Arts & Culture » Movies

Gone fishin'

The hillbilly shall inherit the earth; plus, tat damage and mob hits.



I've been writing about television in one form or another since gas cost 93 cents a gallon and The Cosby Show was America's No. 1 hit. I have watched otherwise sane looking women attempt to beat each other to bloody pulps on national TV while a studio audience roared encouragement. I've looked on in horror while a bunch of smarmy, unlikable trash-talkers from New Jersey turned into international superstars. I've even seen pawnshops, smelly storage units and houses bulging with rotting garbage become the settings for successful cable series.

But now I can die a contented man, for I honestly can say that I've seen everything. 

Welcome to the wet, wacky, inexplicable world of Hillbilly Handfishin', premiering at 10 p.m. Sunday on Animal Planet, a channel that used to know better. There is not one iota of subterfuge in this title: In the murky waters of Oklahoma, self-proclaimed hillbillies Skipper Bivins and Trent Jackson guide tour groups of wide-eyed, thrill-seeking (or just plain crazy) big-city folk through the challenge of plunging headfirst below the surface and catching giant catfish using only their mitts. I suppose the show could have been called Hillbilly Hand-and-Footfishin', since apparently one often feels the location of the fish with their feet before making the dive to snatch it. Eeewww.

Did Jethro Bodine know about this? If he did, I'm certain we'd have heard about it on an episode of The Beverly Hillbillies decades ago. The practice sounds so absurd that you tend to think it was manufactured just for television, but apparently catching fish by hand is a skill that has been practiced for generations in the handful of states where it's legal. (Not including Michigan, thank goodness, where we are civilized enough to employ a rod and reel.) 

It's called "noodling," and you'd think somebody would have to be off their noodle to do it. But Sunday's opening episode suggests people seek out Bivins to get closer to nature, challenge themselves or just to attempt something light-years beyond their comfort zones. "It's a skill that's transferable to life," Bivins, who noodled his first fish at the age of 4, told the Huffington Post. "People are scared at first, but people like scary things. That's why they see scary movies. But once you get that adrenaline going, it can change your life."

The catfish can run as big as 70 pounds or more, and Bivins says the majority of first-time noodlers toss their catch back after the exhilaration of grabbing it. One might think this concept could get boring week after week, but I believe not: The participants — both human and animal — will change, as will the visitors' reasons for taking the challenge. Plus, there's something about the look of genuine fear in a person's eyes that can be irresistible to viewers. Remember Fear Factor? My guess is Hillbilly Handfishin' has the potential to become the equivalent of a catfish train wreck: You know what it's going to look like, and you know it'll be messy, but you just can't stop yourself from watching.

Tat's All, Folks

Knowing a juicy marketing angle when they have one, TLC has spent weeks pounding on-air promos for the return last Thursday of its reality-trash series LA Ink and its controversial tattooed lady, Kat Von D. Every commercial has celebrated the long-distance romance and budding engagement of the Katwoman and the infamous Jesse James, who remains a pop culture pariah (and surefire audience magnet) for dumping America's Sweetheart, actress Sandra Bullock, in favor of Von D.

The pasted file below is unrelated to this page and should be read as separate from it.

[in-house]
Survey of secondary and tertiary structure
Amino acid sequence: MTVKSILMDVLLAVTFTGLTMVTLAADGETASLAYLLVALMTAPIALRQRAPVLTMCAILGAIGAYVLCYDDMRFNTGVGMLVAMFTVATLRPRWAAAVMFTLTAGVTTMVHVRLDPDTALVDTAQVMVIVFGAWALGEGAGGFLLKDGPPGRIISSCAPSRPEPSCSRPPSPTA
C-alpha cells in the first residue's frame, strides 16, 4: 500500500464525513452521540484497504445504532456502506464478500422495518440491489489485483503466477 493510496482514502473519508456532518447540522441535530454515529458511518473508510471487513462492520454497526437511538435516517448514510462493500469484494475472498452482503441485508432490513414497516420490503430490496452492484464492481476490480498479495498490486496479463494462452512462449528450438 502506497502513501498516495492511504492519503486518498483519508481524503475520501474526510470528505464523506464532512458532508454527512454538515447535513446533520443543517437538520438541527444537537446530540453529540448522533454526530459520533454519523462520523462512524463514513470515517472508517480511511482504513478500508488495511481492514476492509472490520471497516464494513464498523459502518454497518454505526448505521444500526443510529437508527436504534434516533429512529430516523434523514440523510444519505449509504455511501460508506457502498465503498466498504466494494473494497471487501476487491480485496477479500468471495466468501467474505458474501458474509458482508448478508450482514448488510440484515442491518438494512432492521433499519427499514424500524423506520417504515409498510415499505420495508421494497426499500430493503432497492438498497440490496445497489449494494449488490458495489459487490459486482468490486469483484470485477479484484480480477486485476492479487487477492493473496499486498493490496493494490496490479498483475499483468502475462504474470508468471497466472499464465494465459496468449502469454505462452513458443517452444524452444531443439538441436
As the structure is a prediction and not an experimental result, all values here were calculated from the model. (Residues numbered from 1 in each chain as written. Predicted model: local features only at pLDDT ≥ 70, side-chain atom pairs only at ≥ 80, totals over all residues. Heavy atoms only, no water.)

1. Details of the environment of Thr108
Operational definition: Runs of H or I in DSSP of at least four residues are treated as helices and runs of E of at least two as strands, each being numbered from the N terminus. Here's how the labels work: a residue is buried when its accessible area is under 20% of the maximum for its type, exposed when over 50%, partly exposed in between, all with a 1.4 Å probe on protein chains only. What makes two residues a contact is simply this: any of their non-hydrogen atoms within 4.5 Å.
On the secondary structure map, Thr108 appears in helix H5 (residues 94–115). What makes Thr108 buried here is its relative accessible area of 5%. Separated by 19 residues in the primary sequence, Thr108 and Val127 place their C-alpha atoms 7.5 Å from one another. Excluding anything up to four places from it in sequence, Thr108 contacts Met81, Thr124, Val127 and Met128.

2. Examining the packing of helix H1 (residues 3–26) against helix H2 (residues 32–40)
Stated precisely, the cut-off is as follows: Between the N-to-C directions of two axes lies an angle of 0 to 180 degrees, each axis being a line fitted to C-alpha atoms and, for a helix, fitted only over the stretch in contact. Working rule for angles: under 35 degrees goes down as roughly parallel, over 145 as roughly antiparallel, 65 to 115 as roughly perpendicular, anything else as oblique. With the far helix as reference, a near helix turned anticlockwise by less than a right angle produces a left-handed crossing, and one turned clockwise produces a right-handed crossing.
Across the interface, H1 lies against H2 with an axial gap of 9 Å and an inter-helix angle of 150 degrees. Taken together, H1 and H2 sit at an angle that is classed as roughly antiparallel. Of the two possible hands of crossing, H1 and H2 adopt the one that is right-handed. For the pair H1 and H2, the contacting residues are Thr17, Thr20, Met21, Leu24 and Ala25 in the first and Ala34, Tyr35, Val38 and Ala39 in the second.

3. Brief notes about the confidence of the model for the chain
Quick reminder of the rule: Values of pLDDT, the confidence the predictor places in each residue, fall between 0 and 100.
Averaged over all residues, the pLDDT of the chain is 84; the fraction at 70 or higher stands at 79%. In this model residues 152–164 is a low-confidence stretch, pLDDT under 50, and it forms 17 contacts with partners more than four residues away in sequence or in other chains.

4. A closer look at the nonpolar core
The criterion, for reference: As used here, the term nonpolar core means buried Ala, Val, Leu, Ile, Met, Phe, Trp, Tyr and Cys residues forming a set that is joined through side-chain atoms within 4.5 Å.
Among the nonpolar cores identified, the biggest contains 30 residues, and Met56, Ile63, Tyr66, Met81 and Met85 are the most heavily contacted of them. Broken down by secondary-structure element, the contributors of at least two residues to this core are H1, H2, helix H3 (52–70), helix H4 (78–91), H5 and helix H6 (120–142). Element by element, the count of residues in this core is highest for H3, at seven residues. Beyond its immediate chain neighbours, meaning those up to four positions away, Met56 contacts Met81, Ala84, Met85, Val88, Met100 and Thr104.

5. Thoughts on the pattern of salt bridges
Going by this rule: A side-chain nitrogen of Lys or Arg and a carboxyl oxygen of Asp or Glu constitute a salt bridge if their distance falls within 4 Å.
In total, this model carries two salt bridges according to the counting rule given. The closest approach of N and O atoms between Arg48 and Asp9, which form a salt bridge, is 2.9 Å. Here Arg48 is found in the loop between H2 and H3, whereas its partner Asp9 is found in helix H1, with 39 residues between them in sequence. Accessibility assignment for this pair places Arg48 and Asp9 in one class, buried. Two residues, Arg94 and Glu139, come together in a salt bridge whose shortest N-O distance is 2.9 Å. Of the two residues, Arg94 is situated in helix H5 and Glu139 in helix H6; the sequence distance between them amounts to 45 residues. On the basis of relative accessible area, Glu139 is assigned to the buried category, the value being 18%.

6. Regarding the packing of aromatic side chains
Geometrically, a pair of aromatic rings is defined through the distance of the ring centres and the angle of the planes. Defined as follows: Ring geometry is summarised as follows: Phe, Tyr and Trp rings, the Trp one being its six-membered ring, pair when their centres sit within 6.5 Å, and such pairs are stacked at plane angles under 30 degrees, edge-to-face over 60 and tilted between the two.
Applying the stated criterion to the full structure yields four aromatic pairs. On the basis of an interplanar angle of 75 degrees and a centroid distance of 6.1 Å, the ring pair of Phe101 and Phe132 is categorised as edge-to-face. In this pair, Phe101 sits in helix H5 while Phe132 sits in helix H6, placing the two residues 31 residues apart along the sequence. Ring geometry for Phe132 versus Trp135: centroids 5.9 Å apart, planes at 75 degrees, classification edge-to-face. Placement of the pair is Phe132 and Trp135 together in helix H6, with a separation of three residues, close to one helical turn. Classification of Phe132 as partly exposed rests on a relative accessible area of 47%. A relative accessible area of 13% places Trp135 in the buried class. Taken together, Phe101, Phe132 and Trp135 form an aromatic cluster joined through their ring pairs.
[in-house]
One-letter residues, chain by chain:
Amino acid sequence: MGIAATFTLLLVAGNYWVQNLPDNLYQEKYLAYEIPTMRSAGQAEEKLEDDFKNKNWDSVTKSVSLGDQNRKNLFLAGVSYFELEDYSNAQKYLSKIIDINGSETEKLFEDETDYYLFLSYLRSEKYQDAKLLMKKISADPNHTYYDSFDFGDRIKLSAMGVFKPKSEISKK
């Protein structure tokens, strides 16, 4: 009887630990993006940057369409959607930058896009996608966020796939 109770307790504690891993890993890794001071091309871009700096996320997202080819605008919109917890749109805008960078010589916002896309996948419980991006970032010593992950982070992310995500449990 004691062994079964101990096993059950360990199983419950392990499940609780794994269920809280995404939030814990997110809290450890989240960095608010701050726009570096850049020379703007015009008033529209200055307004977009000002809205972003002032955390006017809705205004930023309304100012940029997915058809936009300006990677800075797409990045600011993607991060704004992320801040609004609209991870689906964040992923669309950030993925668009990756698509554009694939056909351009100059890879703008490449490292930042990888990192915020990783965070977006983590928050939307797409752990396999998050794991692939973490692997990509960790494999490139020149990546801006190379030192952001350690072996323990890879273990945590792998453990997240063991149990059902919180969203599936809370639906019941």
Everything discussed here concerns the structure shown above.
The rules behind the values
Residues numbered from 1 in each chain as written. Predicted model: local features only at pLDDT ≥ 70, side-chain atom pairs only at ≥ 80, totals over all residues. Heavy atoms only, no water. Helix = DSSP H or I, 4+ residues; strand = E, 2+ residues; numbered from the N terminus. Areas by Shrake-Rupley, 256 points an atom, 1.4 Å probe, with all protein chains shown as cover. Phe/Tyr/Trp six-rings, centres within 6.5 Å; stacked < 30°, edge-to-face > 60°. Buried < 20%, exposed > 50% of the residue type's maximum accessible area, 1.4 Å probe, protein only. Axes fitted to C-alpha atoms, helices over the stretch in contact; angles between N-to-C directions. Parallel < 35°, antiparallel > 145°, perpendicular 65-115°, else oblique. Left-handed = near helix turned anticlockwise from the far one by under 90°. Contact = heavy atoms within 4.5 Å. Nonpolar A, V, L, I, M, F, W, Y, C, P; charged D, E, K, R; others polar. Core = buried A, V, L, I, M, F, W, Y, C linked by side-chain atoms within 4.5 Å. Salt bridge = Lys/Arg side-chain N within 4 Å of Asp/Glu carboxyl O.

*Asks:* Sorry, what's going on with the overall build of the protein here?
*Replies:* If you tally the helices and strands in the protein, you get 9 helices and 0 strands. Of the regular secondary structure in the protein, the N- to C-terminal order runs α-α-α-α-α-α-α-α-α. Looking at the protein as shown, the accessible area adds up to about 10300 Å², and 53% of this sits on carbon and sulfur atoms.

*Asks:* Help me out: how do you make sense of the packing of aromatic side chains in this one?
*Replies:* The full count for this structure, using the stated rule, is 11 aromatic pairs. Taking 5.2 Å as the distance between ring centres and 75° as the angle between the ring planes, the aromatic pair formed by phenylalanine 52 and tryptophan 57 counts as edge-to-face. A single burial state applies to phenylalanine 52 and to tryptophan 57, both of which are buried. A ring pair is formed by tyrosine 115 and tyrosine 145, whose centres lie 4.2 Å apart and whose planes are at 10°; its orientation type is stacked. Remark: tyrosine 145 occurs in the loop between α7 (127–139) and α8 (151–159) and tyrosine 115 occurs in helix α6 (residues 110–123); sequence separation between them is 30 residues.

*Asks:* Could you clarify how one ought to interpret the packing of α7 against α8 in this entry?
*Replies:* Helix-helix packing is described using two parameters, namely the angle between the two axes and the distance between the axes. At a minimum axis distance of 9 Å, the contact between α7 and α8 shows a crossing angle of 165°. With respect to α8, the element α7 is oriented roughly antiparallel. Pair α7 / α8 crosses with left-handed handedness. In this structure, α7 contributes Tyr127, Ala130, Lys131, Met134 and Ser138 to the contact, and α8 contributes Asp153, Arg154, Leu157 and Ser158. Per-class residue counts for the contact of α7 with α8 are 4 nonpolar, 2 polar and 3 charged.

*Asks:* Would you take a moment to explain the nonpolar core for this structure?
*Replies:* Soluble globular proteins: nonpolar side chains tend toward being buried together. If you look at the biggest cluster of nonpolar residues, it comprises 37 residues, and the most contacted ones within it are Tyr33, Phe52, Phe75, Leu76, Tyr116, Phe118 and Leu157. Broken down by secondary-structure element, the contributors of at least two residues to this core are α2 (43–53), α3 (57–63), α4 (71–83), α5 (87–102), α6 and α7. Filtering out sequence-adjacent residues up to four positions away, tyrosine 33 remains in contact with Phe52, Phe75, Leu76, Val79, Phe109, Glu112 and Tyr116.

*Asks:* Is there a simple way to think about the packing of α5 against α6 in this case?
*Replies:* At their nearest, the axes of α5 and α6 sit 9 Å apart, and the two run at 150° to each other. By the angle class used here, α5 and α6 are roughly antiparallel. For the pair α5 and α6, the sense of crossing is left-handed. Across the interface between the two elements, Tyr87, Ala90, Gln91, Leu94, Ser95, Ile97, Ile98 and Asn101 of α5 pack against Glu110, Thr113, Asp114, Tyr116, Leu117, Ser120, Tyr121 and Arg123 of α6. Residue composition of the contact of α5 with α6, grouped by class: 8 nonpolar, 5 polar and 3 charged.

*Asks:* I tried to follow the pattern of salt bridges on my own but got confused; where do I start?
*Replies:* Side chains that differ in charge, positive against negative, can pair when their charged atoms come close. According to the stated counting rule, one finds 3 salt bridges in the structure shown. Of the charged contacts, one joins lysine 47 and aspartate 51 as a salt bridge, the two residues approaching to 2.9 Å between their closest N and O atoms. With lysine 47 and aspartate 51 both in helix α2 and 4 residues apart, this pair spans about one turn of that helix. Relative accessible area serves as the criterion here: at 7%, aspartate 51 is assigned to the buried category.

Every so often, however, reality TV meets ... well, reality. On the Tuesday before LA Ink's return, the distance apparently proved too much for the couple and Von D announced via Twitter that she and James had split. That put TLC in the unenviable position of airing a show involving a love affair that everyone in America who cares knows has ended. Awk-ward! But it's too late to make significant editing changes, and thus far TLC has made no move to suggest it isn't going to run all the new LA Ink episodes in their entirety.  

A publicity stunt? Possibly, but it appears emotions were running high for Von D last week immediately after the breakup. On Wednesday she stormed out of the studios of the Los Angeles morning show Good Day LA before even making an appearance on the set, as the show's three co-hosts were airing clips from the new season and chirping about her separation from James as the prelude to her interview. That afternoon she engaged in a Twitter Kat fight with Good Day host Jillian Barberie over which party was more disrespectful to the other. Ah, love. No matter how cuddly-cozy she may look with James in tomorrow's 10 p.m. installment, remember, there's no crying over spilled ink.  

It's a Hit, Man

They had me at "fahggedaboudit:" American Movie Classics is smack in the middle of its first "Mob Week" marathon, hosted by that noted crimebuster, former New York City Mayor Rudolph Giuliani. 

Tonight's 8 p.m. feature is an all-time favorite, the Kevin Costner-Robert De Niro treatment of The Untouchables with an unforgettable performance by Sean Connery ("They send one of yours to the hospital, you send one of theirs to the morgue! That's the Chicago way!"). It's followed at 10:45 p.m. by Carlito's Way, with Scarface at 8 Thursday, Donnie Brasco at 8 Friday, Goodfellas at 8 Saturday and Pulp Fiction at 7 Sunday. 

Interspersed with the films are short-form documentary segments describing the history and impact of the mob, along with Giuliani's personal reflections on the movies and his relationships with real-life mobsters. While serving as DA for the Southern District of New York, Rudy indicted 11 organized crime figures, including the heads of the notorious "Five Families."


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